In the fall of 2015, the Times Higher Education also published an article with the headline “Unsafe harbour? Academic freedom in Hong Kong,” warning that increasing attacks on liberal minded university staff in local pro-Beijing media might make professors more reluctant to work in the city.
In the fall of 2015 I was also talking to a professor at HKU’s Faculty of Law, where Johannes Chan is teaching. The professor said his faculty often was in the “eye of the storm,” as the students were taught how to interpret the Basic Law rather than focusing on Chinese law, as is already the case in Hong Kong’s other public universities.
Widespread worries over diminishing judicial independence were manifested in the summer of 2014, when 1,800 lawyers, legal scholars and law students wearing black marched in silence through the central parts of Hong Kong. The protest came after Chinese authorities issued a white paper demanding everyone in the Hong Kong administration — including judges — to be “patriotic,” and asserting Beijing’s “comprehensive jurisdiction” over the city.
The protest was the third public display by legal professionals in support of the judiciary since 1997. A fourth one was held in November last year, when about 1,000 lawyers, again silent and wearing black, took to the streets after China effectively banned two elected pro-independence lawmakers from taking their seat in the city’s legislature.
The decision was made after the National People’s Congress Standing Committee in China issued its “own interpretation” of the Basic Law that dictated the ruling against the lawmakers in the Hong Kong court. “Beijing’s intervention in this case may cause long-term damage to Hong Kong’s judicial independence,” commented Sophie Richardson, China director for Human Rights Watch.
During the Occupy movement, I was in Hong Kong reporting and interviewed a local hedge fund manager behind a group called “Finance and Banking Professionals in Support of Occupy Central.” He told me a growing share of the people in the city’s financial sector were also CCP, using personal contacts to establish companies or acquire capital.
He was talking about “red capital” — money from mainland China essentially being laundered in Hong Kong, mainly on the property market where prices have more than tripled in the past decade. The steady inflow of Chinese capital, said the hedge fund manager, was the biggest factor for increasing real estate prices and widening income gaps, and is also likely to scare off other foreign investors from the city.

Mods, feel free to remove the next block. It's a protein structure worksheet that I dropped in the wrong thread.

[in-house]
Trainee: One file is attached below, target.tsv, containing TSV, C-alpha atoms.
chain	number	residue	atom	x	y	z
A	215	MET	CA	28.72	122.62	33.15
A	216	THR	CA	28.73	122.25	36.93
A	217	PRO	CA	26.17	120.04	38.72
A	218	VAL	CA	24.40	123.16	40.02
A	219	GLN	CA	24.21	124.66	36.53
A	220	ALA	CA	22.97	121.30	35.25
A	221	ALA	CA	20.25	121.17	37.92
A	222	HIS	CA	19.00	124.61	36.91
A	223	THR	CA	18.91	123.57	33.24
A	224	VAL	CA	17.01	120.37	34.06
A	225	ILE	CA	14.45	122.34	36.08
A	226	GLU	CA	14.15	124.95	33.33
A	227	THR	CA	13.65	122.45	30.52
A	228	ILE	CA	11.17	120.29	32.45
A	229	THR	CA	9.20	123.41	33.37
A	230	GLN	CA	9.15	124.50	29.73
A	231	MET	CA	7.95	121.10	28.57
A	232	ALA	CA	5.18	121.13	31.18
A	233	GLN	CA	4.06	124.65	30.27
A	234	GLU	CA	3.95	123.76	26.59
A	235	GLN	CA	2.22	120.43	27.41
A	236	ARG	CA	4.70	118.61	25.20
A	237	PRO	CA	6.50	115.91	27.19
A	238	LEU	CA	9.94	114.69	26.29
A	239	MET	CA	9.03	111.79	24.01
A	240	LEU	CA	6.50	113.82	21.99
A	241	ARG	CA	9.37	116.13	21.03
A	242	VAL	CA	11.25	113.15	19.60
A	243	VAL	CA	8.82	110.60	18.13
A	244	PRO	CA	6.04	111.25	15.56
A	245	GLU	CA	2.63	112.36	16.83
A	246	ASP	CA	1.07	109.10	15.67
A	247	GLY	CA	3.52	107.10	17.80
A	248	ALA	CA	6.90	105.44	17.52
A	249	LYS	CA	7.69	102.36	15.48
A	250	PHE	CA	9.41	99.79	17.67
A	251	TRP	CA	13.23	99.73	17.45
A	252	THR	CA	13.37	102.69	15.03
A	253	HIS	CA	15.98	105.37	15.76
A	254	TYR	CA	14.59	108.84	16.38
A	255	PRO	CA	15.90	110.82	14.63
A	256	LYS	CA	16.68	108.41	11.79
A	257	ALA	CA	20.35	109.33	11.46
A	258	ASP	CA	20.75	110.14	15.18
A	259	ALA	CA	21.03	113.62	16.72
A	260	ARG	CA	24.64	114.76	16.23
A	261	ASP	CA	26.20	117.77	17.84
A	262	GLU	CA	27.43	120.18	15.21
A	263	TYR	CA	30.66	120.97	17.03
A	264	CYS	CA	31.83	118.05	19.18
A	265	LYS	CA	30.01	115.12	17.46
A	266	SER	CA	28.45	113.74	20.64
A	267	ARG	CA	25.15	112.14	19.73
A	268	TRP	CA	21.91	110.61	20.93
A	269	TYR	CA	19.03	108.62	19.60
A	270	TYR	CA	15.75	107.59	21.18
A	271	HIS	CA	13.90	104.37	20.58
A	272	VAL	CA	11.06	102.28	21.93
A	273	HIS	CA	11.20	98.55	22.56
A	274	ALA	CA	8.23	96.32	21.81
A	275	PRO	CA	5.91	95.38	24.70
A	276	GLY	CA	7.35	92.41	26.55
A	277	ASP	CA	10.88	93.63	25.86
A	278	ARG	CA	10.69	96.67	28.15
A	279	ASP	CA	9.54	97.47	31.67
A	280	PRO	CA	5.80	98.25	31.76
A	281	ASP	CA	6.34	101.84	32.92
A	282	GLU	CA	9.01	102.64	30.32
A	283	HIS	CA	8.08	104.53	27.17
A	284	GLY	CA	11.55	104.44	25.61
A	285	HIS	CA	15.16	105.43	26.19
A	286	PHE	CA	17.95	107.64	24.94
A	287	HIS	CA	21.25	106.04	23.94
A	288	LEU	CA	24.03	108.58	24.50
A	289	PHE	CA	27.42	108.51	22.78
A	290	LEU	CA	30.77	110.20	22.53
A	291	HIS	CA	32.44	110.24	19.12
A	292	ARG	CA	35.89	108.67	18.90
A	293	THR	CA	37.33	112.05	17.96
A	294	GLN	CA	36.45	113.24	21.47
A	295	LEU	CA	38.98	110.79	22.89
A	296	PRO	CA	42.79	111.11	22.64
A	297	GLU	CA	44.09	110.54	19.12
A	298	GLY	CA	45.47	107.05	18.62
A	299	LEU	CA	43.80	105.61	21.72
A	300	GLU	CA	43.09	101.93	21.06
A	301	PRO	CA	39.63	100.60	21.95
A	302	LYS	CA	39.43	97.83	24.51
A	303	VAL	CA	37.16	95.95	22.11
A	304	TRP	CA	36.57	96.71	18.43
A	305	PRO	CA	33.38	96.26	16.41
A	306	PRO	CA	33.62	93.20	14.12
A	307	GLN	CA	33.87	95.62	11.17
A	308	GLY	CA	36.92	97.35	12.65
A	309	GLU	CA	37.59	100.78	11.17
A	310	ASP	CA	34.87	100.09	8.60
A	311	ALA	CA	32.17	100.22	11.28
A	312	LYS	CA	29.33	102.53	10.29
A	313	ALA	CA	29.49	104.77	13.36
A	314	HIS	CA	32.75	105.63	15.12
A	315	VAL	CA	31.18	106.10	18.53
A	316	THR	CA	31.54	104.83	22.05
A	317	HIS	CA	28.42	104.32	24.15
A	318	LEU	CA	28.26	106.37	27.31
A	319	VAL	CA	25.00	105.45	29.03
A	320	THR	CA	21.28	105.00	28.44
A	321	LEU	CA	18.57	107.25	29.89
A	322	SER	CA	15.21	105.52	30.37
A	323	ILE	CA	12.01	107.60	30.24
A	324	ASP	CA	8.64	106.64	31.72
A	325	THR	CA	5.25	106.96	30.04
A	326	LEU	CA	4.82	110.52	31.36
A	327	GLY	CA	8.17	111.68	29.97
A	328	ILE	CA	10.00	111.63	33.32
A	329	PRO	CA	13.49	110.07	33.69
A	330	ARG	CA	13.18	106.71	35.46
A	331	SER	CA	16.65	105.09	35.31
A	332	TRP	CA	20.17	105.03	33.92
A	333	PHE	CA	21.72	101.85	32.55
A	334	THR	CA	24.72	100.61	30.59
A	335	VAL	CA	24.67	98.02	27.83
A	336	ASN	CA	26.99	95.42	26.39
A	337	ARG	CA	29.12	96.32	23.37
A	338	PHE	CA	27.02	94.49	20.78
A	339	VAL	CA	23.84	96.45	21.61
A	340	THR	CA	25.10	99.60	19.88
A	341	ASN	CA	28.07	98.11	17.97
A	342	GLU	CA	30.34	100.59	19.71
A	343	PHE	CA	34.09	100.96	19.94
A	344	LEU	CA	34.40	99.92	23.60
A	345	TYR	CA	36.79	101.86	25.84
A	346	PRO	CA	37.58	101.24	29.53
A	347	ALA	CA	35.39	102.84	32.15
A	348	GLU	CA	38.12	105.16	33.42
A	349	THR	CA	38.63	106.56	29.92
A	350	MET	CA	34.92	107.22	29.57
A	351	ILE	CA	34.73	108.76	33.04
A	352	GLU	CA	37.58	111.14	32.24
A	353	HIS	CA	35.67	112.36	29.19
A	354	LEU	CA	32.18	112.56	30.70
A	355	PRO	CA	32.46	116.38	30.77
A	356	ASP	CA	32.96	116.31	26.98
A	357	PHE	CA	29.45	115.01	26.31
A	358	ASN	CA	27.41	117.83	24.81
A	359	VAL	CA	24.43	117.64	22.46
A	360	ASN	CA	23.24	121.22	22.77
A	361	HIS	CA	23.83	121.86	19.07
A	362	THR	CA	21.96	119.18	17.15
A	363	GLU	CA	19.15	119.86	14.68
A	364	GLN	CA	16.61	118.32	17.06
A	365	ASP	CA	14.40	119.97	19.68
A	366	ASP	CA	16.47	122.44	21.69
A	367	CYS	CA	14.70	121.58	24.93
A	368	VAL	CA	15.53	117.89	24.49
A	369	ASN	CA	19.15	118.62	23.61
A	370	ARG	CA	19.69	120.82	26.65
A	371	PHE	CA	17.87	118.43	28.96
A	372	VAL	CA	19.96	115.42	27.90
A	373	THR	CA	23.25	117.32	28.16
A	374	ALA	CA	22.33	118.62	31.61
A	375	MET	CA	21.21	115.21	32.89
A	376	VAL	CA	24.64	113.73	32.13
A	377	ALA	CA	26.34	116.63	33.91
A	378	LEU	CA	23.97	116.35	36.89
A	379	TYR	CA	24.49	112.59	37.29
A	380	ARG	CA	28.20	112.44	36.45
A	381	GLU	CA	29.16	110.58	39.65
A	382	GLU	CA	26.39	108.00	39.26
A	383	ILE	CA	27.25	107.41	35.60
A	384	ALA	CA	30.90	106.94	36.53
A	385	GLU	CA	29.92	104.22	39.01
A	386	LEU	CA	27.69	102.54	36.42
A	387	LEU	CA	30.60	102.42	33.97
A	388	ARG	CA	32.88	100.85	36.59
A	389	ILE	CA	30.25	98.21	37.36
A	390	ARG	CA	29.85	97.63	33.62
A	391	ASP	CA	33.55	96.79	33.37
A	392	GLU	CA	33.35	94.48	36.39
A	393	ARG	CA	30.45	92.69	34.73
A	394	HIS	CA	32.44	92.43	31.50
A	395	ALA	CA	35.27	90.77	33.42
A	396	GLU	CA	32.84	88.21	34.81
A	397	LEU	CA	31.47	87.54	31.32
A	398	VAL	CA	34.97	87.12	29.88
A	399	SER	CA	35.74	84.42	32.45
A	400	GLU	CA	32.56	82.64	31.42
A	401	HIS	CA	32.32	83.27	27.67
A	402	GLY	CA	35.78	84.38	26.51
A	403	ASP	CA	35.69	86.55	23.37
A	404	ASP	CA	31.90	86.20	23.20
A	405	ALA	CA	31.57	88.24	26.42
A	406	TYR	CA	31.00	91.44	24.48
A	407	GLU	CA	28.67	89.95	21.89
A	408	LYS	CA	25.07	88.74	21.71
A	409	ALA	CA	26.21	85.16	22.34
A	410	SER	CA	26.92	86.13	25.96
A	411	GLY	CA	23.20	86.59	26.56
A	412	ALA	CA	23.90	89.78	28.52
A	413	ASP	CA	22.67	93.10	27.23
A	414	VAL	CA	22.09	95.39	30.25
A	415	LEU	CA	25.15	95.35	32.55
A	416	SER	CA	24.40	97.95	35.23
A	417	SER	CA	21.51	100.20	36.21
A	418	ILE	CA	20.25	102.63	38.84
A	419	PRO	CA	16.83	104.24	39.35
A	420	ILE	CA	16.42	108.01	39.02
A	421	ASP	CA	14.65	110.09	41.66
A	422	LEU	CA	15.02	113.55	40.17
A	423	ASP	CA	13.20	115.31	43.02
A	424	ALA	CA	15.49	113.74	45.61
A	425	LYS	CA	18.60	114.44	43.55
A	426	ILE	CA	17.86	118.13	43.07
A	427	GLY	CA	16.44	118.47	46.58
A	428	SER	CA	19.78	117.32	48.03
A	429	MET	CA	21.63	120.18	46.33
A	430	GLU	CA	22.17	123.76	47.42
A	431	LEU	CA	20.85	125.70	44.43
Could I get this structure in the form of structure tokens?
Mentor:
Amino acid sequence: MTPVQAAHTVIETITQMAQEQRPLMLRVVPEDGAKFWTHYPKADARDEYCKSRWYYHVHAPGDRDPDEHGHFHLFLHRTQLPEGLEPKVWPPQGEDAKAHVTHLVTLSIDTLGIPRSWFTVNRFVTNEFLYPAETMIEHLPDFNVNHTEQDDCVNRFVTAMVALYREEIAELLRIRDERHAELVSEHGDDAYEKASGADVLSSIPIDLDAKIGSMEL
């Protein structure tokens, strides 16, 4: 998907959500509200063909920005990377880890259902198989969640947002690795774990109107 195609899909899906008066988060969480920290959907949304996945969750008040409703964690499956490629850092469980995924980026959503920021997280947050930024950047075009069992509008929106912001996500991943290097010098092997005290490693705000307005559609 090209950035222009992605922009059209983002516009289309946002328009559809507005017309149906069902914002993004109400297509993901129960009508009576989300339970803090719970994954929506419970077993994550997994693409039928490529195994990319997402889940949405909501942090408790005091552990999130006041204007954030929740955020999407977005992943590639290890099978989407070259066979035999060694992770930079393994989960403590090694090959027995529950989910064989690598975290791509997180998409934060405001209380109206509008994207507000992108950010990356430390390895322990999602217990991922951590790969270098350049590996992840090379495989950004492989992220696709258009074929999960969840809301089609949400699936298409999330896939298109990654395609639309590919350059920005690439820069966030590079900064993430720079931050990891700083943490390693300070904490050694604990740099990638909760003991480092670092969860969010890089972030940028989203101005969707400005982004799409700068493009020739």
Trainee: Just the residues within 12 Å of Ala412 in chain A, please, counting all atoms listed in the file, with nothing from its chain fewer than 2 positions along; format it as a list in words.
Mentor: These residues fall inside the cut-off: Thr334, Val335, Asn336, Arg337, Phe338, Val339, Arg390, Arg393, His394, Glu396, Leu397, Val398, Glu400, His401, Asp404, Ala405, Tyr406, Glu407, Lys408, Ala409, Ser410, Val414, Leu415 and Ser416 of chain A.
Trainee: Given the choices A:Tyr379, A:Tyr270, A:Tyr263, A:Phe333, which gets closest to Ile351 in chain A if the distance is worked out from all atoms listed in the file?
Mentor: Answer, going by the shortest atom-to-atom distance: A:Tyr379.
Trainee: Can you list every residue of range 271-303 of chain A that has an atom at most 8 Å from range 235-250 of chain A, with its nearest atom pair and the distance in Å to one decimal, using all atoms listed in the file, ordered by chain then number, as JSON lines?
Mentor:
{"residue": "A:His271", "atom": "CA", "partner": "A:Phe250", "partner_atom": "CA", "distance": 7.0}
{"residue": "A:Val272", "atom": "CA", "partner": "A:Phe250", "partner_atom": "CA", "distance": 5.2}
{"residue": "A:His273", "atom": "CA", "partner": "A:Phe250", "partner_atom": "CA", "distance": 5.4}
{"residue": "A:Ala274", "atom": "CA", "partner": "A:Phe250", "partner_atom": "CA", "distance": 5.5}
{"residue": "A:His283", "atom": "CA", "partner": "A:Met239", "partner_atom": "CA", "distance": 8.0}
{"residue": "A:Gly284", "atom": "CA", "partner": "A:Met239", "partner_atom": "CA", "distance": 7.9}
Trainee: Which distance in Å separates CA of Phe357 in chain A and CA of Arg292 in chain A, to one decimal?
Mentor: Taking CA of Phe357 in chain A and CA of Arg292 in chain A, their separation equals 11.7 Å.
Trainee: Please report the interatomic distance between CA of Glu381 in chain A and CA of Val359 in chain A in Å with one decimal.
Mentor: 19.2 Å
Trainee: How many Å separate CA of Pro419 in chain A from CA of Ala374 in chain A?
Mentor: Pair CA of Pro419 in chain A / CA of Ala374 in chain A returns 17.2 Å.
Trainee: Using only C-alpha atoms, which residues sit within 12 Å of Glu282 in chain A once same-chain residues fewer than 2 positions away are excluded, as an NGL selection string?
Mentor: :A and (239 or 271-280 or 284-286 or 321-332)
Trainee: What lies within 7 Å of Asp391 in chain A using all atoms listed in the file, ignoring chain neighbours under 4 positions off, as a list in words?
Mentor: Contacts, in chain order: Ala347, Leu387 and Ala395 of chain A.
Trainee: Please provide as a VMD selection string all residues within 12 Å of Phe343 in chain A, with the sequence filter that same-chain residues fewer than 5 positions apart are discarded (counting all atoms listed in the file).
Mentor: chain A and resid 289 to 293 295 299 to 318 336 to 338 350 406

Furthermore, he said that the Chinese presence had also resulted in increasing corruption and decreasing transparency in the financial sector. Hong Kong’s four big families in particular, which control a large share of the local economy, have grown richer following the price hike for land and property. Suspicions of an unholy alliance between the CCP and Hong Kong’s business elite was fuelled by the fact that President Xi Jinping, in the midst of the Occupy protests, invited 70 of the city’s most powerful tycoons for a closed-door meeting in the Great Hall of the People in Beijing.
Suspicions of an unholy alliance between the CCP and Hong Kong’s business elite was fuelled by the fact that President Xi Jinping, in the midst of the Occupy protests, invited 70 of the city’s most powerful tycoons for a closed-door meeting in the Great Hall of the People in Beijing.
In an opinion piece in October last year, the South China Morning Post warned about turbulence in the Independent Commission Against Corruption (ICAC), established during British rule, but whose commissioner since 1997 has been appointed directly by China’s State Council. One of its top investigators, known for being ruthless in her investigations, was removed from her post amid speculation that she was pressured in an ongoing investigation against Chief Executive Leung’s past business dealings.
“With an increasing integration between Hong Kong and mainland China, can the ICAC continue going after anyone at any time without stepping on the wrong toes?” the newspaper asked, giving more examples that this “once-hallowed pillar of Hong Kong” was starting to buckle under political pressure.
“Today Hong Kong, tomorrow Taiwan” was a commonly used phrase in Taiwan as the Occupy protests in Hong Kong were being suppressed. The recent debacle with mob violence against Hong Kong politicians at Taiwan Taoyuan International Airport last month shows that Chinese influence and methods have also been spreading to Taiwan.
For anyone in Taiwan still believing in political compromises with China in order to spur the local economy, the development in Hong Kong should serve as an example that this is not possible without giving up a considerable amount of freedom. Give the CCP an inch, and it will take a mile.
This couldn’t be more obvious than as stated in a white paper issued by China’s State Council in the summer of 2014 that reneged on its pledge of “one country, two systems,” a concept that has also been offered to Taiwan. Hong Kong’s high degree of autonomy, said the paper, is not a decentralized power, but “the power to run affairs as authorized by the central leadership.”